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Discussion Starter · #1 ·
I hope this is the right place to post this question? The last arrows I ordered came with Easton G-nock uni bushings. I did not ask for them, but that's how they send the shafts unless you tell them not too. So, I ordered a couple more dozen uni bushings for my future arrow building and some Bohning F nocks. Will I need to glue the bushings in, and if so, what type of glue is best? Thanks
 

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Yes, the bushings need to be glued in. Almost any glue will work, I prefer two part epoxy, but I've also used super glue. On my outdoor arrows where I'm likely to damage the bushings or pins I use hot melt so I can remove and replace them easily.
 

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Hot melt em

old school
 

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x2 on the plastic grocery bag.
I know the plastic bag works okay on pin nock bushings, but uni bushings usually have a much tighter nock to bushing fit. If you only wanted to change the nock wouldn't you end up pulling the bushing out too and have a good bushing that has a busted nock stuck in it?
 

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Discussion Starter · #7 ·
Thanks for the comments! I bought some two part epoxy and some high impact gorilla super glue. I'll have to do some experimenting with the plastic, and see which method performs best for me.
 

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Discussion Starter · #10 ·
Thanks for the tips. I only hesitate to use heat on carbon arrows because I read on Easton's web site that you should never use hot glue on carbon. I asked a pro shop this question too. They said hot glue becomes brittle on carbon and heat should be avoided. I did hear that some epoxy and I think even super glues will release with some heat. We were talking about inserts, but they said to heat a field tip rather than shaft directly when trying to pull one out. I do know that a lot of people use the hot glue, so I guess it's just each person's preference.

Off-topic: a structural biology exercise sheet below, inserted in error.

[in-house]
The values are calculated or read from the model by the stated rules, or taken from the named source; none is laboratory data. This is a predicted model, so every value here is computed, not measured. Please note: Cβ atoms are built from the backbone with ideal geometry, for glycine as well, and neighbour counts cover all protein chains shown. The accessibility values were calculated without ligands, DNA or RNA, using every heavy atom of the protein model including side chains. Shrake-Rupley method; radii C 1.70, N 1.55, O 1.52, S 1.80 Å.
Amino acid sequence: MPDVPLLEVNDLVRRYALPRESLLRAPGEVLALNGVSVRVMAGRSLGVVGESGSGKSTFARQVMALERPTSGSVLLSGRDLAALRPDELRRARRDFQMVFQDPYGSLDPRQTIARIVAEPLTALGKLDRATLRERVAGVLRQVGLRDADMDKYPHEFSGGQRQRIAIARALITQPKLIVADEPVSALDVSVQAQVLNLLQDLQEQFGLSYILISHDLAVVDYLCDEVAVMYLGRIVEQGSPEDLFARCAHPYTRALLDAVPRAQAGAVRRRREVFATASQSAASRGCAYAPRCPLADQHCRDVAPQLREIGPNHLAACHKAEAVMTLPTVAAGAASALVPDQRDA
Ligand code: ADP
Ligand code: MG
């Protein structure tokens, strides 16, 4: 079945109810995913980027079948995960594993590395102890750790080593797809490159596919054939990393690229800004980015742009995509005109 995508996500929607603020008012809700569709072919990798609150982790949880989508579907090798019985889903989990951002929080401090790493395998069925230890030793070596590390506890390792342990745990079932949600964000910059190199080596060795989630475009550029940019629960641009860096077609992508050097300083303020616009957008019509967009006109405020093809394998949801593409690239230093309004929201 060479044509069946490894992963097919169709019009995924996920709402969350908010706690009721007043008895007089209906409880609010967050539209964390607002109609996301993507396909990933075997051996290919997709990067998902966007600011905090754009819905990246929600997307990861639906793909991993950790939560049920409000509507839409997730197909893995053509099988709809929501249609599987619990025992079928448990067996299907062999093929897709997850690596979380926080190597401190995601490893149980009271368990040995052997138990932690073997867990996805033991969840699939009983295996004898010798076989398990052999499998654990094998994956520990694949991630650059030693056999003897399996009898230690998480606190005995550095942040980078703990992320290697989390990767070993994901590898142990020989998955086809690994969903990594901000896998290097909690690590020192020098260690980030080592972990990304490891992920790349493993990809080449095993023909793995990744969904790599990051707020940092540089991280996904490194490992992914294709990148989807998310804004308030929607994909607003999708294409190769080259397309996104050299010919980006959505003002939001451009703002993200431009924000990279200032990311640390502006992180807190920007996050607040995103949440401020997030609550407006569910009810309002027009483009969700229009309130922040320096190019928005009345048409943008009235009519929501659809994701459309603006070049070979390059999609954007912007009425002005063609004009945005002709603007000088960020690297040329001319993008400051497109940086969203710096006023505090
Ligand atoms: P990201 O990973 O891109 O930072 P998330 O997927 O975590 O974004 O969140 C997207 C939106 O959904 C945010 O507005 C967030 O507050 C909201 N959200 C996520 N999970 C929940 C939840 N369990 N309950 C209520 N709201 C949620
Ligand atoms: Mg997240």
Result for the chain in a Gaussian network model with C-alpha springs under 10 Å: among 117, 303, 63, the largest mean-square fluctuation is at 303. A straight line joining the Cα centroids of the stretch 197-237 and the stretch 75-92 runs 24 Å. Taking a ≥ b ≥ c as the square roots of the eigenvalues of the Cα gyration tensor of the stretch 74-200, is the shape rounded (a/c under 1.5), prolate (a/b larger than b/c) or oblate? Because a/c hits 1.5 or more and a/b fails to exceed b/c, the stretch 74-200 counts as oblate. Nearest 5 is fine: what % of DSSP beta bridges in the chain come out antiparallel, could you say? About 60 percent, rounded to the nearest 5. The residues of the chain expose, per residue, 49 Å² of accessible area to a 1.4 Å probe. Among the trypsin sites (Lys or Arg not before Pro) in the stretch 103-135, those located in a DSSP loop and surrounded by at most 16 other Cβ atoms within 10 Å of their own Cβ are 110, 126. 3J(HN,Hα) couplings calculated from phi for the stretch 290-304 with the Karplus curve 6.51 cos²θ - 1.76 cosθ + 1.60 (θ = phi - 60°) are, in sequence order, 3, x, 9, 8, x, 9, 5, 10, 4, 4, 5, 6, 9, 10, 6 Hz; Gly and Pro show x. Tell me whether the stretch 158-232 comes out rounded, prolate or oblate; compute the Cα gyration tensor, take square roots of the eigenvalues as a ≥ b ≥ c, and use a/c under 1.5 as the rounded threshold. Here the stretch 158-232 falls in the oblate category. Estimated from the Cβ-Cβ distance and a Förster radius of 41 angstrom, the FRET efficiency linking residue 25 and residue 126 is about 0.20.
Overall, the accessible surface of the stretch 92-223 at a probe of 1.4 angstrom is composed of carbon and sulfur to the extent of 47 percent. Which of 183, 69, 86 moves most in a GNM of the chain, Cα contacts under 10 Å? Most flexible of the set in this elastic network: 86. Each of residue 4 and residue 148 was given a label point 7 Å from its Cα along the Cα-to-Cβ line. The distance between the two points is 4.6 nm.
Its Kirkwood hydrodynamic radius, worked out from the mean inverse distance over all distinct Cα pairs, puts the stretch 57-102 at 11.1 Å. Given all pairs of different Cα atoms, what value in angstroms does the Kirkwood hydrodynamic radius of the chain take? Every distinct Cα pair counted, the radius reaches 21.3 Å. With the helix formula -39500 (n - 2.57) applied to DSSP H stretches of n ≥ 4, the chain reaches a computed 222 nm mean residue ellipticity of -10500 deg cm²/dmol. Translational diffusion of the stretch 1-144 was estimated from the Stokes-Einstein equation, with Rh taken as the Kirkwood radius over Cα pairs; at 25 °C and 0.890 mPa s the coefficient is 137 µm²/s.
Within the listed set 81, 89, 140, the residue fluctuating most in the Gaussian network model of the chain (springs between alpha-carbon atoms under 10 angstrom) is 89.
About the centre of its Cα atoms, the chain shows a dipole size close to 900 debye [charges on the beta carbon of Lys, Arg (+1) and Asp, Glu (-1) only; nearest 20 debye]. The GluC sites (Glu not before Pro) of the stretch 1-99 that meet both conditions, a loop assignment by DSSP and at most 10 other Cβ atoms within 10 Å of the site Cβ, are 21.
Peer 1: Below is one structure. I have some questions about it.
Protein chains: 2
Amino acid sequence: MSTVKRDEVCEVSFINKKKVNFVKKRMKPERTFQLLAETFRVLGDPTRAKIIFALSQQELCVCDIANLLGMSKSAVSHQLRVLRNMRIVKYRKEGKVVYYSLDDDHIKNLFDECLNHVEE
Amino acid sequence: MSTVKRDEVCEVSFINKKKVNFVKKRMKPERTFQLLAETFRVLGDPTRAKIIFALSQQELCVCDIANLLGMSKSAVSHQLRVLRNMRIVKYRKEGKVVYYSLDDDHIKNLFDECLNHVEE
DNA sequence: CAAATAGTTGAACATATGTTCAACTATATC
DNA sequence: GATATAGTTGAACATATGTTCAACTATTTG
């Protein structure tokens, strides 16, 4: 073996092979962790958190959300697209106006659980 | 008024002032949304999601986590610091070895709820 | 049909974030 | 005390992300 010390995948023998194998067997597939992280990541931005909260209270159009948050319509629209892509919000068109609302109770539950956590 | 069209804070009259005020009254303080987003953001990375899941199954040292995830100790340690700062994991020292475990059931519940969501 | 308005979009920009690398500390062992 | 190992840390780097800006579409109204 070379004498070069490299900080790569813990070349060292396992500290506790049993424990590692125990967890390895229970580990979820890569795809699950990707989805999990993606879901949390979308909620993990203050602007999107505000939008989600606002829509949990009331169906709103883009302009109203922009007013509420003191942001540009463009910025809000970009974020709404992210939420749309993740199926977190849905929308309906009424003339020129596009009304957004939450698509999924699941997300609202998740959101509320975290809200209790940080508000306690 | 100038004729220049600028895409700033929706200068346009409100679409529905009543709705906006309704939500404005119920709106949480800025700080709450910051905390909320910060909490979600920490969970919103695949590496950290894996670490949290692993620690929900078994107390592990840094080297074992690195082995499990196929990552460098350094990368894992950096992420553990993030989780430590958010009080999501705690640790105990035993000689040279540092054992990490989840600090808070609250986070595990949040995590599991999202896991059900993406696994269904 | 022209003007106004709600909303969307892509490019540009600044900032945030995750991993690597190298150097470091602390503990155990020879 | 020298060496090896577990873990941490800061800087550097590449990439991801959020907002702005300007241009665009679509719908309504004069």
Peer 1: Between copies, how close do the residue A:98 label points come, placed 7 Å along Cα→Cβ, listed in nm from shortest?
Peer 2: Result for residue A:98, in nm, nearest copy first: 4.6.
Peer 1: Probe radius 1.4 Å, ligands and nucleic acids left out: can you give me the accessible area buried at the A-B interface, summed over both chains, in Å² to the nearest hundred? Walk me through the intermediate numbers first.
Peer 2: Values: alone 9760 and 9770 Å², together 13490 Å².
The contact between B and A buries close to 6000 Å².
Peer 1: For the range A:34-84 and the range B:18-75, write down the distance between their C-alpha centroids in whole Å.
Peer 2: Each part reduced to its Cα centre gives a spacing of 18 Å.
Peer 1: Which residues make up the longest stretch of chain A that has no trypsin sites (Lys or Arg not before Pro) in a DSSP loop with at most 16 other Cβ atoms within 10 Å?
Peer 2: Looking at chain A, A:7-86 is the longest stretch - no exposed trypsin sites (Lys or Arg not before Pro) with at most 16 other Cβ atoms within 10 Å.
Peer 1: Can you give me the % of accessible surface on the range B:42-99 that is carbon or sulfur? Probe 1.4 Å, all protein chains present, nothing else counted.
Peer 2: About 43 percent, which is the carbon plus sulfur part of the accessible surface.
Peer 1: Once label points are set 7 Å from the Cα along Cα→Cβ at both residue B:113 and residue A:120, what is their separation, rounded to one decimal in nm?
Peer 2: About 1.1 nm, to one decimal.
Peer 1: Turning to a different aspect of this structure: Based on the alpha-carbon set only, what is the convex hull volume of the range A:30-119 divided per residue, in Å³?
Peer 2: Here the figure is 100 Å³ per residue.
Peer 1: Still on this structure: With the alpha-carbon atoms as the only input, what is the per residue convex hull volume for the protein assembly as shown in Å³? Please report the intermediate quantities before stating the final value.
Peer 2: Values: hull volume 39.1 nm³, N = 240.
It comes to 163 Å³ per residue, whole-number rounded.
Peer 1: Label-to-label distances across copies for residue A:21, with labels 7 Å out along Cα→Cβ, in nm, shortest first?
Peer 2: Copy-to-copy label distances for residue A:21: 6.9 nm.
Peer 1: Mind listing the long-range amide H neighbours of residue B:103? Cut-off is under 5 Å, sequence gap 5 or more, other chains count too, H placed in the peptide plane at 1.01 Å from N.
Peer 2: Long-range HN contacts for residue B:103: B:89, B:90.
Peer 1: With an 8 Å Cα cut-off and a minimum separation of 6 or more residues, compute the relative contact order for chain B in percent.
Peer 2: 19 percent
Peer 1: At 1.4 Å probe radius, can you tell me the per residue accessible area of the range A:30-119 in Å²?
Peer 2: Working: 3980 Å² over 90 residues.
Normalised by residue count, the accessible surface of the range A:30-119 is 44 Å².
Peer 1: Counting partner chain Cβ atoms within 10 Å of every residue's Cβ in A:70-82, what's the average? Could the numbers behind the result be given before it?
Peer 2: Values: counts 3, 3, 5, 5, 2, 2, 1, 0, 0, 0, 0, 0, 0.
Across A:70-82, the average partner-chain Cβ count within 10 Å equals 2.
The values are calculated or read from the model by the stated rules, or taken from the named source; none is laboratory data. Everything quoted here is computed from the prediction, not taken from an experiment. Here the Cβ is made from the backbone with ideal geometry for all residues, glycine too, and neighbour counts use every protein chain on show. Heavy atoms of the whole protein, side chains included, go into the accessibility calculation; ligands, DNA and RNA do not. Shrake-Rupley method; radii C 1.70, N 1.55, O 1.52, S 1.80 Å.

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You can get away with a little heat on carbons but remember, the carbon matrix is “glued” together with an epoxy.
Epoxy dies quickly after 300 degrees F.
If you are using heat, heat only the insert (evenly) and test pull at regular, short intervals. I use a tapered candle…not a butane torch.
You could even wrap a wet cloth around the shaft to act as a heat sink to prevent the carbon from heating.

If you see or feel ANY deformation of the shaft, it is junk. Do not attempt to shoot that shaft and as a precaution, it should be destroyed to keep it from wandering back into the fold.

What’s the matter with you? Don’t you like supporting the arrow manufactures?
You could be “stimulating” the economy you selfish so-and-so.

My experience with the Super Uni-Bushing says for every nock destroyed I am able to use the shaft again with simple replacement of the nock about 9 out of 10 times. I ignore the small dings in the bushing and have only had one case in a couple of dozen destroyed arrows where replacement of the Uni-Bushing was feasible. If it is a direct hit, forget about it.

As an aside: One of the most interesting things about a direct hit is how the compressed air inside the shaft blows the tip insert about a third of the way out!

I eventually converted back to alloys. The same cautions about evenly applied heat hold true here as well.

Good Luck,
K
 
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